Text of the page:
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It would be strange at first to have the viaduct gone...but that property would be worth so much that it would fill almost overnight. It wouldn't just remain parking lots beneath the viaduct. The people who are talking about parks have good ideas but they would most likely loose out to the private industries that would fill that space with condos/housing and retail. I wonder if the newly raised height restrictions affect that portion of the city?

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Getting rid of elevated freeways is almost always a good idea in cities. Free the land for a better use. I can think of few places where banishing the freeways wouldn't be an improvement. As in the recent case of Boston, however, great care must be taken to ensure that the resulting space is not wasted. I'm not sure Boston has yet capitalized upon the great opportunities afforded them by the banishment of their elevated Central Artery. Parks are nice, but they won't necessarily connect different parts of a city which have been rudely interrupted by a freeway. Maybe Seattle can do something clever with the land- like putting good urban streetscapes! ;)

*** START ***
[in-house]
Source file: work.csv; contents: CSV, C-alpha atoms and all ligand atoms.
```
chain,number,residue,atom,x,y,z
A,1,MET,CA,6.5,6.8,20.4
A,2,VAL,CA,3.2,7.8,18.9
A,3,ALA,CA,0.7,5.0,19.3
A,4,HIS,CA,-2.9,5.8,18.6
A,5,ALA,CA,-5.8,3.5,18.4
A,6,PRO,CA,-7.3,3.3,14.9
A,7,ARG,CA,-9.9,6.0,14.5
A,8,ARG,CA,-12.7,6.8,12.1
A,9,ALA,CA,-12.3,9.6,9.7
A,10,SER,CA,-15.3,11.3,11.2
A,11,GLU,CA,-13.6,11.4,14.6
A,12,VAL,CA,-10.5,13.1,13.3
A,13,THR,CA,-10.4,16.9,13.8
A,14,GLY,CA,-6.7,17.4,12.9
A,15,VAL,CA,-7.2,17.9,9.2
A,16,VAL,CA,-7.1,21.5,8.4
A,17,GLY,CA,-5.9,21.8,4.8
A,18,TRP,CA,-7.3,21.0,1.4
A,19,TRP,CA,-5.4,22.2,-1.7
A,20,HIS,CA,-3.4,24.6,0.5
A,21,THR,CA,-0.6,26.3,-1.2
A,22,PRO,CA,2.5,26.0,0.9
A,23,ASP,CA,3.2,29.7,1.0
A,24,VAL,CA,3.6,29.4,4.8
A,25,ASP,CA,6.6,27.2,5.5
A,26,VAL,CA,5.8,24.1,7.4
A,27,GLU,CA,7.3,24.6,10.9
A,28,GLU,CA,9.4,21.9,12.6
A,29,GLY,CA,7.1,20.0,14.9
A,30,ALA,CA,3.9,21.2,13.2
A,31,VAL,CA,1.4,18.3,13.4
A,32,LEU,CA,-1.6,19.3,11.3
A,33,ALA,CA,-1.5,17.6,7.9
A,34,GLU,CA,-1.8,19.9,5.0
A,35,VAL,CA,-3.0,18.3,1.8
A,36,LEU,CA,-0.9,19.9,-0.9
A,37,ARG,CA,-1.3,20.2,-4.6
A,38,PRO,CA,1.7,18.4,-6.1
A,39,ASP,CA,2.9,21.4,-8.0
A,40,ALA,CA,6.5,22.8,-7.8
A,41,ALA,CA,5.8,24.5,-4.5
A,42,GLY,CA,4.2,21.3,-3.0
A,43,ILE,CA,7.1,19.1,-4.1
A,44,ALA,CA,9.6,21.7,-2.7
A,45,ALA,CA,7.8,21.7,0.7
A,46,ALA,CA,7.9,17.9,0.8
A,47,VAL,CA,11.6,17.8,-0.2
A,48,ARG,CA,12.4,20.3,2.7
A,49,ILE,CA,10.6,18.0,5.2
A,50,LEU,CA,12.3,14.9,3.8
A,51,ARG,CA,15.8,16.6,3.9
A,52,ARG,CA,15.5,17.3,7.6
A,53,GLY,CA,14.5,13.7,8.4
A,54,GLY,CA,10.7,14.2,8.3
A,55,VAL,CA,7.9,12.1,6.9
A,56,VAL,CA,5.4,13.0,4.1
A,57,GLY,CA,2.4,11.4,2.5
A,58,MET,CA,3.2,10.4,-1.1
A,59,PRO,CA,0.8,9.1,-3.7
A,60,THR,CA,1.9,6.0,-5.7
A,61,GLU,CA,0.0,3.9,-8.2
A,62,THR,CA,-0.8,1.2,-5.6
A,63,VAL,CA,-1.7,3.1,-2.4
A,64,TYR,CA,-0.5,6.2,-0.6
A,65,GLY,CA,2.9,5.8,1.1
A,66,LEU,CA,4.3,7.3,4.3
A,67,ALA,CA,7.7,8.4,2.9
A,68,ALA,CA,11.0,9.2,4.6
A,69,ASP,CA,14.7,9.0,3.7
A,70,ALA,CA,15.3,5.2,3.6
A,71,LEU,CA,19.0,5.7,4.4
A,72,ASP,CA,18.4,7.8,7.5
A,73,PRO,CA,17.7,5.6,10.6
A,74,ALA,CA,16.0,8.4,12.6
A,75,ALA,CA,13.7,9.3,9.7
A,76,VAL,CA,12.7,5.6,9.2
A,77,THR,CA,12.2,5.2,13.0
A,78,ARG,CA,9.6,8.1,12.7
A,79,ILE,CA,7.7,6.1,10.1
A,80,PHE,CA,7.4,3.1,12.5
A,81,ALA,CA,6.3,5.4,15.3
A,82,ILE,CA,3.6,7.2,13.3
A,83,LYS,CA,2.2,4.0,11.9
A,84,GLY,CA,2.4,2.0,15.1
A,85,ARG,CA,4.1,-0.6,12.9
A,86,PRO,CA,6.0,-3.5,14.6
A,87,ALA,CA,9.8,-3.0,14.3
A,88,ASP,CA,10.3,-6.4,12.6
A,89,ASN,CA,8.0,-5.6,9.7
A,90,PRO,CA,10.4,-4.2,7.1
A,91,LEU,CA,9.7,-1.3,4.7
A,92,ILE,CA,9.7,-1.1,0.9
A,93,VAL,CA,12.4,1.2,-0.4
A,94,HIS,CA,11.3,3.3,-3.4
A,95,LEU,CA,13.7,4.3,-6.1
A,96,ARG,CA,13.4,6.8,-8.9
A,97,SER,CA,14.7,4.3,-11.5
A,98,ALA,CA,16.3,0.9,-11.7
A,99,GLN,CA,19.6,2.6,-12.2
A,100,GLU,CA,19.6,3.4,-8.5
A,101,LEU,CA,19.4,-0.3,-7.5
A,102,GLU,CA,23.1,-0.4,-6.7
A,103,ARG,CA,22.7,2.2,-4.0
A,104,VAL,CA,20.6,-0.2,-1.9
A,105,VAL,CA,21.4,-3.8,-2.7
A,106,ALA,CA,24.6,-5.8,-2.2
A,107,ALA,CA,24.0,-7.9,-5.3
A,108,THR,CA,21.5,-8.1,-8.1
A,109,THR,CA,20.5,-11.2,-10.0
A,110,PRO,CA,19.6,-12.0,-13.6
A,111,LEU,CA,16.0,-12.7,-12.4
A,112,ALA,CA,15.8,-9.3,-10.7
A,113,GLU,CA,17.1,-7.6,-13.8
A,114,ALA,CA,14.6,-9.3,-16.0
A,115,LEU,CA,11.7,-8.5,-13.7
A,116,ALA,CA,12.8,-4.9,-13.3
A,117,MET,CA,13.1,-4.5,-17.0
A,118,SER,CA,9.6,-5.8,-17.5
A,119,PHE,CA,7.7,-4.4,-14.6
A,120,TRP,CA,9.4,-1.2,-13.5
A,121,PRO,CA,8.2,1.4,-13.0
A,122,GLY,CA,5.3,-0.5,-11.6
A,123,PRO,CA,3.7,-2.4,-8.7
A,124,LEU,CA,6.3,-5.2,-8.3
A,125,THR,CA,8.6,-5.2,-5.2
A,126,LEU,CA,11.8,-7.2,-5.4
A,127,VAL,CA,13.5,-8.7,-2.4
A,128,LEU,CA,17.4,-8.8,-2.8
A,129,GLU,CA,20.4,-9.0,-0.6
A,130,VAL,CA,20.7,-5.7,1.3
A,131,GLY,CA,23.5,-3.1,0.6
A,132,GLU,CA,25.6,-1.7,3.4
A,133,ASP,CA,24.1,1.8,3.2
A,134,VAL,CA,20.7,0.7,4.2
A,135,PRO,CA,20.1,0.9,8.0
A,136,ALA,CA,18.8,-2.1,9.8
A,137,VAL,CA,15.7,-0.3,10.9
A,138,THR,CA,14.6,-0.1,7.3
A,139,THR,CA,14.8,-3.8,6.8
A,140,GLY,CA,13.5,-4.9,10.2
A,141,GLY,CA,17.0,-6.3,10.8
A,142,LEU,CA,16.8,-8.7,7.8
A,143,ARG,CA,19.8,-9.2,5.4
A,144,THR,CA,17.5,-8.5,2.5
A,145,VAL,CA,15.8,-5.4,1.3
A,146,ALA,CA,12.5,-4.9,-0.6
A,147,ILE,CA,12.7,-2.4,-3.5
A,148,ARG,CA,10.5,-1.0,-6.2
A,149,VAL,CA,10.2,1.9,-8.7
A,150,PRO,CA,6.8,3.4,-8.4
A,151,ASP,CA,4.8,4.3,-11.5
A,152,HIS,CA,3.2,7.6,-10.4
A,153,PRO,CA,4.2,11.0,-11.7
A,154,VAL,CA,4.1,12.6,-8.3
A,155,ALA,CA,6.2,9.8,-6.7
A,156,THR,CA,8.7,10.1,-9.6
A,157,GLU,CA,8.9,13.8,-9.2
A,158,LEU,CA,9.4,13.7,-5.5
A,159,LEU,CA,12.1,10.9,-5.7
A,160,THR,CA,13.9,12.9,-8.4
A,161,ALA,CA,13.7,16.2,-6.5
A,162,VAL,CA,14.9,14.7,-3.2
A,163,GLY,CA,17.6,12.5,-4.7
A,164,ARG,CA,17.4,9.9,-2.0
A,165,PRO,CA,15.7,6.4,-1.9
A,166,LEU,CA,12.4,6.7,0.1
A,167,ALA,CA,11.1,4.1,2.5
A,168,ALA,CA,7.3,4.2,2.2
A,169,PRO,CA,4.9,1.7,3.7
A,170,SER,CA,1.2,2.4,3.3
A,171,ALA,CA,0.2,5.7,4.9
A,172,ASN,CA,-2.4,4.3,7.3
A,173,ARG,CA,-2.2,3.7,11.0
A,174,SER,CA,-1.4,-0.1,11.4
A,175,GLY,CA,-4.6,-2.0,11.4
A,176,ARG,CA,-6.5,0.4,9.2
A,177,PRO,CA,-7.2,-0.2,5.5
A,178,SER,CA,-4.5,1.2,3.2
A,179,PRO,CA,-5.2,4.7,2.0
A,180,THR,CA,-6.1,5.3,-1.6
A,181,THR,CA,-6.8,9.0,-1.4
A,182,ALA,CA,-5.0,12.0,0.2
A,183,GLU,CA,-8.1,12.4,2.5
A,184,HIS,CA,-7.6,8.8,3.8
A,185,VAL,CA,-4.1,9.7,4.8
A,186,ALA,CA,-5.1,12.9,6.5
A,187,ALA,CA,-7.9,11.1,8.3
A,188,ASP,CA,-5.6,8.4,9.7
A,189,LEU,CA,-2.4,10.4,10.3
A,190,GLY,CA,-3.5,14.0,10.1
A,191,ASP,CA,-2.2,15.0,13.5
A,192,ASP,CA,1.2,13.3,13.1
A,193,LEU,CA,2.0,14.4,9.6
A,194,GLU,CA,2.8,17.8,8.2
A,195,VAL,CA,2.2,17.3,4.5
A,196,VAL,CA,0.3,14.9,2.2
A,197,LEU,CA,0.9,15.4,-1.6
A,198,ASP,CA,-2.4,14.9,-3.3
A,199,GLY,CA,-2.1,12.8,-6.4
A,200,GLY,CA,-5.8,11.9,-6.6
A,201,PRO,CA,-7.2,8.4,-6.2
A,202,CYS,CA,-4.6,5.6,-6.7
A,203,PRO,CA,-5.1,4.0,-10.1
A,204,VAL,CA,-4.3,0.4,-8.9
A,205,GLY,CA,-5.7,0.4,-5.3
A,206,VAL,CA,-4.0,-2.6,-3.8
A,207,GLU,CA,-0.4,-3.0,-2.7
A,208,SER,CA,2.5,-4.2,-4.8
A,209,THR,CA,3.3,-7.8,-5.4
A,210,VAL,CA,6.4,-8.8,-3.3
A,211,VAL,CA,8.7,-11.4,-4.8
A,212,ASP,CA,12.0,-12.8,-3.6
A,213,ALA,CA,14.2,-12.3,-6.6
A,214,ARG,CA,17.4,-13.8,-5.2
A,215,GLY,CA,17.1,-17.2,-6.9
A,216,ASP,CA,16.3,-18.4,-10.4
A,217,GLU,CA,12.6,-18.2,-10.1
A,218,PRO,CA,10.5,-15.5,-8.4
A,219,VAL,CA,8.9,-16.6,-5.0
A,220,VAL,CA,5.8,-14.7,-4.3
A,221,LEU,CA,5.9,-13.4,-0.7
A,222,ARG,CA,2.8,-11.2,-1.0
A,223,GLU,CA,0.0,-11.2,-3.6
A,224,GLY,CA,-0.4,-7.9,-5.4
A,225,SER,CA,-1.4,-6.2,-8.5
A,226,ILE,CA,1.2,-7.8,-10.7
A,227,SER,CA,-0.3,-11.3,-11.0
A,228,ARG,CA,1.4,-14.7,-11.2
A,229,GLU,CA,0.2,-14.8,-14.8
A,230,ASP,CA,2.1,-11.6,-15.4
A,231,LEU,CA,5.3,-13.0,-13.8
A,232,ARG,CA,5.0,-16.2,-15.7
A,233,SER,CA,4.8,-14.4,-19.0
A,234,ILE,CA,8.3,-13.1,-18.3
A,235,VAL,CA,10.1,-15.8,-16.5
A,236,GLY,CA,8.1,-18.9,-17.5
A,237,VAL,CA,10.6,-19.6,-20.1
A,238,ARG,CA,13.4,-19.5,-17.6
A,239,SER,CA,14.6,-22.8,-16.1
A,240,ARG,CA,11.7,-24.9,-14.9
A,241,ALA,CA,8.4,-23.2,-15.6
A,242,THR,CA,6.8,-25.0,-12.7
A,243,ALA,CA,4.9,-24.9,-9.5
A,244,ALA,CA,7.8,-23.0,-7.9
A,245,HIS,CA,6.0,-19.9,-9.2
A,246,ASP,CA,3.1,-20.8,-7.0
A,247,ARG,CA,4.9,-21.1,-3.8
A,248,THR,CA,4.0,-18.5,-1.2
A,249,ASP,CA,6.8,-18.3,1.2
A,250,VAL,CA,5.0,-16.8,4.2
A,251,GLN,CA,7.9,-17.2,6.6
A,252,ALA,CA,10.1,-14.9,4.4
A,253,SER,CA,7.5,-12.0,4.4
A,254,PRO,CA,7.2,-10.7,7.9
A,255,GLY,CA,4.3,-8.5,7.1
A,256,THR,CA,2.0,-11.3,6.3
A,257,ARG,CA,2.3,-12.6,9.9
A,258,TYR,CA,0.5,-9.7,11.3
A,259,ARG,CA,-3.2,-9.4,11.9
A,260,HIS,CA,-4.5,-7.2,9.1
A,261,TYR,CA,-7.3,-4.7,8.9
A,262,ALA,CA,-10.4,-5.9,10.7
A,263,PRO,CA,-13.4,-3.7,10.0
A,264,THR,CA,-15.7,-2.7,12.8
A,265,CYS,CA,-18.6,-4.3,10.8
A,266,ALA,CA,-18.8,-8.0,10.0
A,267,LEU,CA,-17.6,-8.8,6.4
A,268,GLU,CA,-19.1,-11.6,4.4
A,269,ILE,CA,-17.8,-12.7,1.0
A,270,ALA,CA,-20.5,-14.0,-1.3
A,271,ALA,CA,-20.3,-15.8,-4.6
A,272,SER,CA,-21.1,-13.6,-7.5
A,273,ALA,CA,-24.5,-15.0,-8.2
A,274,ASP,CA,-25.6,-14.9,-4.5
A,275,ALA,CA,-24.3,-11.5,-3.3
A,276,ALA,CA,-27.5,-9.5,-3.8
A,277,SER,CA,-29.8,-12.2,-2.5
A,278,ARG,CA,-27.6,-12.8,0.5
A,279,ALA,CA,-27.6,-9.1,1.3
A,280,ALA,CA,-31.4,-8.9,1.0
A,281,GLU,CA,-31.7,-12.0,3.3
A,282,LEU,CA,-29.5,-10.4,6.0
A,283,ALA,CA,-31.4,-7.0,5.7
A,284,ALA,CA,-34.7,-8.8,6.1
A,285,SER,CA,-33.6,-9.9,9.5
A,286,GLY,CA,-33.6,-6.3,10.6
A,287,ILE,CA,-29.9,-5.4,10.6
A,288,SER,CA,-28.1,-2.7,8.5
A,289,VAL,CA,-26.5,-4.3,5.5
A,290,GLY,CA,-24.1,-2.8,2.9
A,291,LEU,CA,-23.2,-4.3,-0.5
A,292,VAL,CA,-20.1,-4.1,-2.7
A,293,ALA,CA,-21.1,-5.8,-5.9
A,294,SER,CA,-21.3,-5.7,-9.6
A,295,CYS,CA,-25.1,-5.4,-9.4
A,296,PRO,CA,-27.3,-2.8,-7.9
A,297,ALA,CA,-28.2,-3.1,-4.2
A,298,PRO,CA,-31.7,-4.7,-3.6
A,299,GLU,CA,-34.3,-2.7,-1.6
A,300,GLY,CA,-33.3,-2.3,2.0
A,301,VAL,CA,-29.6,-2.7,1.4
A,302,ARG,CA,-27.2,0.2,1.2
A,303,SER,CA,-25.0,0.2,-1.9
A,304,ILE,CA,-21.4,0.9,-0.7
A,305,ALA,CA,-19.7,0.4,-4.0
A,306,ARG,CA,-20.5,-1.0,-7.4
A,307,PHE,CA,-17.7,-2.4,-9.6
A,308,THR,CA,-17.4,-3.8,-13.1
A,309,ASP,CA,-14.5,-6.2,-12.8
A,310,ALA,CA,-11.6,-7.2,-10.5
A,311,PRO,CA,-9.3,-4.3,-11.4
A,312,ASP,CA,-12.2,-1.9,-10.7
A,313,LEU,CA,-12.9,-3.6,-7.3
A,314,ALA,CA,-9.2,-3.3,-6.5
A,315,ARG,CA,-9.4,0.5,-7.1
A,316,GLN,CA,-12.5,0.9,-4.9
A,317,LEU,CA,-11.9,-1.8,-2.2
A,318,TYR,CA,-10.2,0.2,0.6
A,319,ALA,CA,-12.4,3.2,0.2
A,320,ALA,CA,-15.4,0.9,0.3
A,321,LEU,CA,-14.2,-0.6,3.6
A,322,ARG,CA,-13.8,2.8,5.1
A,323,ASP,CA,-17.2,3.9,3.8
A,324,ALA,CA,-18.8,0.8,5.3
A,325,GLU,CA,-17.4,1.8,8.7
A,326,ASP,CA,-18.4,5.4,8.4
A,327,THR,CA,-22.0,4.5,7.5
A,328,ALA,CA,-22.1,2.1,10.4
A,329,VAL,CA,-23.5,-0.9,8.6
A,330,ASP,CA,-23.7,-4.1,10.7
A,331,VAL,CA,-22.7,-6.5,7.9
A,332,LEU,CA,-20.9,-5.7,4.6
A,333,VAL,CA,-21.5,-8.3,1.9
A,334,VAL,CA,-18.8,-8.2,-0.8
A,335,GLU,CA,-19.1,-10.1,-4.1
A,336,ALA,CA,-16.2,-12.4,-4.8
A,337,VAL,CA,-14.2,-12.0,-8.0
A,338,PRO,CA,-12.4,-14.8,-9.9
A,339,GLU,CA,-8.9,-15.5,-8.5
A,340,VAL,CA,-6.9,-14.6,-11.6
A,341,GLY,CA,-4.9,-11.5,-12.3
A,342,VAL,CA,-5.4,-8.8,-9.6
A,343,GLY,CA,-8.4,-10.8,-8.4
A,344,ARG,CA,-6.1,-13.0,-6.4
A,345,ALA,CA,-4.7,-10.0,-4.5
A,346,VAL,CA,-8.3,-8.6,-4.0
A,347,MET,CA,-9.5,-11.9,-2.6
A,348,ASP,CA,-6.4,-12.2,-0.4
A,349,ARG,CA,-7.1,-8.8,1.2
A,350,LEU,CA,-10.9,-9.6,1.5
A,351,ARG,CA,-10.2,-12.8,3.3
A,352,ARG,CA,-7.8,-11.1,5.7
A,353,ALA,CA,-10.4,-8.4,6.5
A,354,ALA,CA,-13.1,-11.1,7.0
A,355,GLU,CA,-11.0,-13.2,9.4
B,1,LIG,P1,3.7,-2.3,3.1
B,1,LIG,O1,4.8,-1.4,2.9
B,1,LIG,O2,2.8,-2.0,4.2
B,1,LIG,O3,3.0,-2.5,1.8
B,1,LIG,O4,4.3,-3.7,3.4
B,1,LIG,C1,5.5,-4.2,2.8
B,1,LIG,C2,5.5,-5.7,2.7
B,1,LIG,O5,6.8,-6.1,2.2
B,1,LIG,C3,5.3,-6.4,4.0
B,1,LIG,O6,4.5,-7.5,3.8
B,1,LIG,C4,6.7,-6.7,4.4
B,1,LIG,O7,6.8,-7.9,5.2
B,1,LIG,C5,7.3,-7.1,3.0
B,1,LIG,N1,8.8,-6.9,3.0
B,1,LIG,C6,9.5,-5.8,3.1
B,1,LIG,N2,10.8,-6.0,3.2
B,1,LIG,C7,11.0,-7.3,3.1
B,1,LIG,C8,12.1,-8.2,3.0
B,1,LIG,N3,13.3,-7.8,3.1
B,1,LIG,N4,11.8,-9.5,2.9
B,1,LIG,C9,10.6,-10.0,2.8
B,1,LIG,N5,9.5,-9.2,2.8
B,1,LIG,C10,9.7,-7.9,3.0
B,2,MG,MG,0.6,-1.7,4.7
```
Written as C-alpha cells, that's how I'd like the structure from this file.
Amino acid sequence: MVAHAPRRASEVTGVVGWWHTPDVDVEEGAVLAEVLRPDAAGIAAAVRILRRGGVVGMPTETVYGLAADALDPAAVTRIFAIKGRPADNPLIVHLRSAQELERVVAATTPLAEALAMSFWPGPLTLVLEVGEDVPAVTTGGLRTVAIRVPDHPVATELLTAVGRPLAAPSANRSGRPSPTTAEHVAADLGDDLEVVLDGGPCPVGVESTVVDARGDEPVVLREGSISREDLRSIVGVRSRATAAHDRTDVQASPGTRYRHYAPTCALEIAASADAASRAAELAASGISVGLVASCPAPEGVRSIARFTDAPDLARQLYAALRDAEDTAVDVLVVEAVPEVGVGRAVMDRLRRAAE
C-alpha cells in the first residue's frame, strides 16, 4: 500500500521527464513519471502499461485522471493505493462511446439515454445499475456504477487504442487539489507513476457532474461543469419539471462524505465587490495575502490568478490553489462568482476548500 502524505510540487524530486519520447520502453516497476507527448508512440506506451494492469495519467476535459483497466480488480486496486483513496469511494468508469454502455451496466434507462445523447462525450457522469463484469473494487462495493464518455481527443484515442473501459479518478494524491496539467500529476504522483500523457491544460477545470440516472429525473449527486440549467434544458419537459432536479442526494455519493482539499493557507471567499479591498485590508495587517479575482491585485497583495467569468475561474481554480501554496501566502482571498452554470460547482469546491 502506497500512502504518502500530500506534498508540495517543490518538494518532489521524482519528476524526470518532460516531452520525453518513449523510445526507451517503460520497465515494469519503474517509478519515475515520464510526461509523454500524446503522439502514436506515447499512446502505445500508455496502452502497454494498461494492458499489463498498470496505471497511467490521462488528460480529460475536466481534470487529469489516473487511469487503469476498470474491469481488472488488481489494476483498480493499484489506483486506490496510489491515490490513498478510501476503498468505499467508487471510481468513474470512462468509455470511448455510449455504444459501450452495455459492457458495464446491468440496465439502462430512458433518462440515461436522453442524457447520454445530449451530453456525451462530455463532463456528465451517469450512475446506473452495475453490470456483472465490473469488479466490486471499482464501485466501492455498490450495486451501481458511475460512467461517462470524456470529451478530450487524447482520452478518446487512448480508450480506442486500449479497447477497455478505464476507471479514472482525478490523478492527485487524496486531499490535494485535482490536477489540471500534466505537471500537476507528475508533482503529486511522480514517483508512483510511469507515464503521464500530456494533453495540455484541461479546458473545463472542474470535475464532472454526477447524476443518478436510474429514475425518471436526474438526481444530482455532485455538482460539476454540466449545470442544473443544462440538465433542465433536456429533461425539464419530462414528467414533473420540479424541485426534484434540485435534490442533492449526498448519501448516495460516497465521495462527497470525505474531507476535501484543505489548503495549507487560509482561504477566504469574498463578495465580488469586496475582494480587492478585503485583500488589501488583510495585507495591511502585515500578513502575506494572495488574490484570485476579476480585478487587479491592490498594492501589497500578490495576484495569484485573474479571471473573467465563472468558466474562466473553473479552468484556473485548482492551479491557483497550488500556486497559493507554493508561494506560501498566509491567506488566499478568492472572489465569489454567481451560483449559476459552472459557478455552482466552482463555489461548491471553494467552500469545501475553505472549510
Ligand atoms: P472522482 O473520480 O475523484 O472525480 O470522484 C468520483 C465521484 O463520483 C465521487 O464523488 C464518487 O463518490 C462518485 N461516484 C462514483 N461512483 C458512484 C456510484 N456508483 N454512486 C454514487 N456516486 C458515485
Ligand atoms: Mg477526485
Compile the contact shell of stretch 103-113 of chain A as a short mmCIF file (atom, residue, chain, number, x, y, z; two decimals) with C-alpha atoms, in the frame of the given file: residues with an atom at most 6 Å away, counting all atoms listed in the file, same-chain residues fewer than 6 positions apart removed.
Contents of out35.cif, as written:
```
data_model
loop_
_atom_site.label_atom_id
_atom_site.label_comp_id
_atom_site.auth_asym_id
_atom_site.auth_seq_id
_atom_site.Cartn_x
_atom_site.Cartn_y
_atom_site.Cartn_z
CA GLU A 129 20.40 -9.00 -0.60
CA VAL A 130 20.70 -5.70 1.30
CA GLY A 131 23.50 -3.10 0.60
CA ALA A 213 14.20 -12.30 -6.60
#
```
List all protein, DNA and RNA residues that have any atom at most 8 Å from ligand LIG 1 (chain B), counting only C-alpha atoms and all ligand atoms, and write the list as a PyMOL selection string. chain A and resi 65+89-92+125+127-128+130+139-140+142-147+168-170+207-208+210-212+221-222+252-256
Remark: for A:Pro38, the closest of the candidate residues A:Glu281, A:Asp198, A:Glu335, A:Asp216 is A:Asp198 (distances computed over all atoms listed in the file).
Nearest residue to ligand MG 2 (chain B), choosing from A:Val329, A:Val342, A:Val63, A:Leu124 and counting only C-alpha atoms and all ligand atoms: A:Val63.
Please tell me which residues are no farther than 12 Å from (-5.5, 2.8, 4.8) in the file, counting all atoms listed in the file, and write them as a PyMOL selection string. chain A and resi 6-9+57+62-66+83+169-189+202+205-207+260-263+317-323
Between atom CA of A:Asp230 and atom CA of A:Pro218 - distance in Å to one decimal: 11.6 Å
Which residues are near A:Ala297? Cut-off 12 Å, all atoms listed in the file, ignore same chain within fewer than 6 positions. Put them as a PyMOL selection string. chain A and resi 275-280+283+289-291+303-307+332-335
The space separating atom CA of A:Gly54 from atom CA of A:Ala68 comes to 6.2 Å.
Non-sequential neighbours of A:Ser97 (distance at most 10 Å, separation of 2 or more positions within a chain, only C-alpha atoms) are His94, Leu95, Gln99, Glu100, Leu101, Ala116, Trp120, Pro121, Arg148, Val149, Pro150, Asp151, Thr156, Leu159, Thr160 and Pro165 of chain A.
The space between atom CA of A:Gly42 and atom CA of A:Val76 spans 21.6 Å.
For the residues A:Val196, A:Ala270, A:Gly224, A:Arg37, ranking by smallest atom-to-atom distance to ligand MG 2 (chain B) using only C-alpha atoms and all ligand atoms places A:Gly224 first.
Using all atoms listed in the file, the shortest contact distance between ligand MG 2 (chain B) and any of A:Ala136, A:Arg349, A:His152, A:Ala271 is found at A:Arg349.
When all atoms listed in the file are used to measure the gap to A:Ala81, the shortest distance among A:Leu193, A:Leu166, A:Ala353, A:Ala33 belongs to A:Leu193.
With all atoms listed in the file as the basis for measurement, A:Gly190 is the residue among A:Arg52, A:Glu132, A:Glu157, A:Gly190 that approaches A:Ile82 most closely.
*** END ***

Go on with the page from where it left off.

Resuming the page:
Actually, whether Boston capitalizes on the Big Dig is yet to be seen. The parks are still being built, parts of the Bulfinch Triangle will be rebuilt with retail and condos. There's a planned YMCA, and 2 museums along the greenway. There's also a proposal for a permanent farmer's market and a botanical gardens under glass (though funding has not come through). So, the final result of the greenway is still up in the air.

I believe that it is hard to build any large buildings over some portions of the greenway due to structural issues. However, it doesn't preclude, them from adding buildings at a later time point.

I think Seattle should follow SF's lead in just demolishing the freeway, unless the viaduct is a major thoroughfare that needs to be kept.

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I remember this highway from when I was in Seattle. I think this would really open up and look much freer in that area. I remember going to a skatebaord shop and some iron/welding shop right near there and there was a gritty feel to them (not that bad though). With out that highway, it would be much more open, a good thing in my opinion....